Caring for Others 1:  The Southern Border, Unaccompanied Children, & Quakers, July 11, 12:00 pm (in person & via Zoom)  FMW’s Rebecca Nelson and Peter Nye have recently worked with unaccompanied children on the US-Mexico border who are waiting to be united with family members in the U.S. They have agreed to speak about their experiences as Quakers in this situation. Although they can’t share some details, Rebecca and Peter will give their impressions of the situation down there. All Friends are welcome. Sunday, July 11, Quaker House Living Room, 12 pm. Join on Zoom. by phone dial: (301) 715-8592 and enter Meeting ID 8492 7693 302# on prompt.  For more info, contact moderator Debby Churchman, email:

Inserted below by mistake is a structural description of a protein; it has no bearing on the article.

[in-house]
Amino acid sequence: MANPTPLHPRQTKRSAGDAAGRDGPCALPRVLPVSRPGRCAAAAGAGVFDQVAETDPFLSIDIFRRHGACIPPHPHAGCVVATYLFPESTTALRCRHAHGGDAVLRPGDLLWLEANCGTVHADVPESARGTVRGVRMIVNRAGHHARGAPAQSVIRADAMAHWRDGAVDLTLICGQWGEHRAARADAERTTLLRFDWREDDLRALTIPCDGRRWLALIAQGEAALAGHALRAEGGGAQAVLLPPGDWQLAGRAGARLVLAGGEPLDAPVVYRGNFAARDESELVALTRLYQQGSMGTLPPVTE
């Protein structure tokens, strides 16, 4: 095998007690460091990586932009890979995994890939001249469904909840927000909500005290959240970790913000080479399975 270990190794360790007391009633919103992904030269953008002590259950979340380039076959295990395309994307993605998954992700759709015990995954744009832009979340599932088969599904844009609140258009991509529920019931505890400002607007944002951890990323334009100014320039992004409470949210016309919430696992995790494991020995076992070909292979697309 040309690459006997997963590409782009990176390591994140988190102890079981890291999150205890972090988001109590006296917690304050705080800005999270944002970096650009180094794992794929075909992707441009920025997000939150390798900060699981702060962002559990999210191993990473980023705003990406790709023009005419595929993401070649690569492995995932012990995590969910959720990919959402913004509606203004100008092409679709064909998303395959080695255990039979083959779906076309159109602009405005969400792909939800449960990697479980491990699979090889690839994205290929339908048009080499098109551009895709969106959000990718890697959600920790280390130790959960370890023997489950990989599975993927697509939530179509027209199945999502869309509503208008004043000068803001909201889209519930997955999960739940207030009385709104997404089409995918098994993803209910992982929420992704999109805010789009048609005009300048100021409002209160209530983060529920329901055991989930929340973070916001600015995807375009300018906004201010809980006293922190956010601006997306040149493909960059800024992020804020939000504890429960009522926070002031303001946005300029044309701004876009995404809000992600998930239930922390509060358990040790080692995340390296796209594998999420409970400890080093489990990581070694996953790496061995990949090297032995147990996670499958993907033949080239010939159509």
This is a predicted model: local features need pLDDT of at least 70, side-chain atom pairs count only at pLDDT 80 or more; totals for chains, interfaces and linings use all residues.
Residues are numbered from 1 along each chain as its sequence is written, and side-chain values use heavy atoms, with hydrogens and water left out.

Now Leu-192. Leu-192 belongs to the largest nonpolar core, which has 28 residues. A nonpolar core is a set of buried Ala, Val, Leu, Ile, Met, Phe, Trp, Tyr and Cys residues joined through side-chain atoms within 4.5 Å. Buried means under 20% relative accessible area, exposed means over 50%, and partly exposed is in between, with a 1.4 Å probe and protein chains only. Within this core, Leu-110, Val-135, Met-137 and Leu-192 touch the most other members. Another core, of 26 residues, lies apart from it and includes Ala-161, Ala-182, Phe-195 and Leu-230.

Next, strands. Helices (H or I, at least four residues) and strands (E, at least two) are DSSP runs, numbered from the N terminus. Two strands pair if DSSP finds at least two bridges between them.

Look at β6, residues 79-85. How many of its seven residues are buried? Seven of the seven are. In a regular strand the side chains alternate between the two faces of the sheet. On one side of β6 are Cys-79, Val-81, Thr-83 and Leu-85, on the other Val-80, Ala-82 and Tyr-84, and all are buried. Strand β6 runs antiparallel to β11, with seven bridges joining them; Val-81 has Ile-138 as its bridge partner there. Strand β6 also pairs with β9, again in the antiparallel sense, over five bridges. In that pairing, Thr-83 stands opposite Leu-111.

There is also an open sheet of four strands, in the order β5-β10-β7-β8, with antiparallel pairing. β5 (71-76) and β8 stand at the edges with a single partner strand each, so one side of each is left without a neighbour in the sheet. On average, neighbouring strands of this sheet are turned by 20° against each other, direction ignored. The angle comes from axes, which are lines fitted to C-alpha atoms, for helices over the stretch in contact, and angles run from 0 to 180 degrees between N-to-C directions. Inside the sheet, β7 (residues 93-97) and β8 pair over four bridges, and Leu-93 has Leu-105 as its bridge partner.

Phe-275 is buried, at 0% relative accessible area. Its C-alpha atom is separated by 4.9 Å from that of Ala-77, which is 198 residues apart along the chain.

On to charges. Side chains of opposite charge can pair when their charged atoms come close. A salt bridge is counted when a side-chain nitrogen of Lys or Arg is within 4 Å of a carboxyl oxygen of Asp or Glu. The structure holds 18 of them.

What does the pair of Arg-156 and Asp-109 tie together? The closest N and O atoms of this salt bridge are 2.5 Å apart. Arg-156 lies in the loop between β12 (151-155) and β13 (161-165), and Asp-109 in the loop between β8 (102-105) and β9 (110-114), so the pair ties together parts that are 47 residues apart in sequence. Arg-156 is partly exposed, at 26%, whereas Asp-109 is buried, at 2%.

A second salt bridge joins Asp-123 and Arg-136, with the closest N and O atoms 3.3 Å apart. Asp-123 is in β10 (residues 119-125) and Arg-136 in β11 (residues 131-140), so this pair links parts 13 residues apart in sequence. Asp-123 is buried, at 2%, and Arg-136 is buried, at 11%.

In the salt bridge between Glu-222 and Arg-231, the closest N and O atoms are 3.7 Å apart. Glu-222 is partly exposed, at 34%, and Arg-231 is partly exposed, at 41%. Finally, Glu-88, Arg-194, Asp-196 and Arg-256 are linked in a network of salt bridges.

Caring for Others 2:  Living With Autism, and How to Be a Good Ally, Sunday, June 25, 12:15 pm - Decatur Place Room.  Join on Zoom.  By phone dial: (301) 715-8592 and enter meeting ID 8728 2384 832# on prompt.  An opportunity to learn about the experiences and challenges people living with autism face, and how allies can support and welcome those with autism--in our FMW community and other groups.  Hosted by Peace and Social Concerns, and led by PSC members Peter Nye and Barbara Briggs.  For more info, contact Peter Nye, email:

Full FMW Quaker Spiritual Development Program Schedule for July
Brought to you my FMW Ministry & Worship Committee.  For more information contact Ann Herzog, email: 

Thinking about Race, Summer 2021:  Being Born a Black Woman

“If you have the privilege of being born a black woman, it is my belief that it is part of your divine mission to liberate yourself from all external and internalized oppression and thereby liberate the world.” - Ama Karikari-Yawson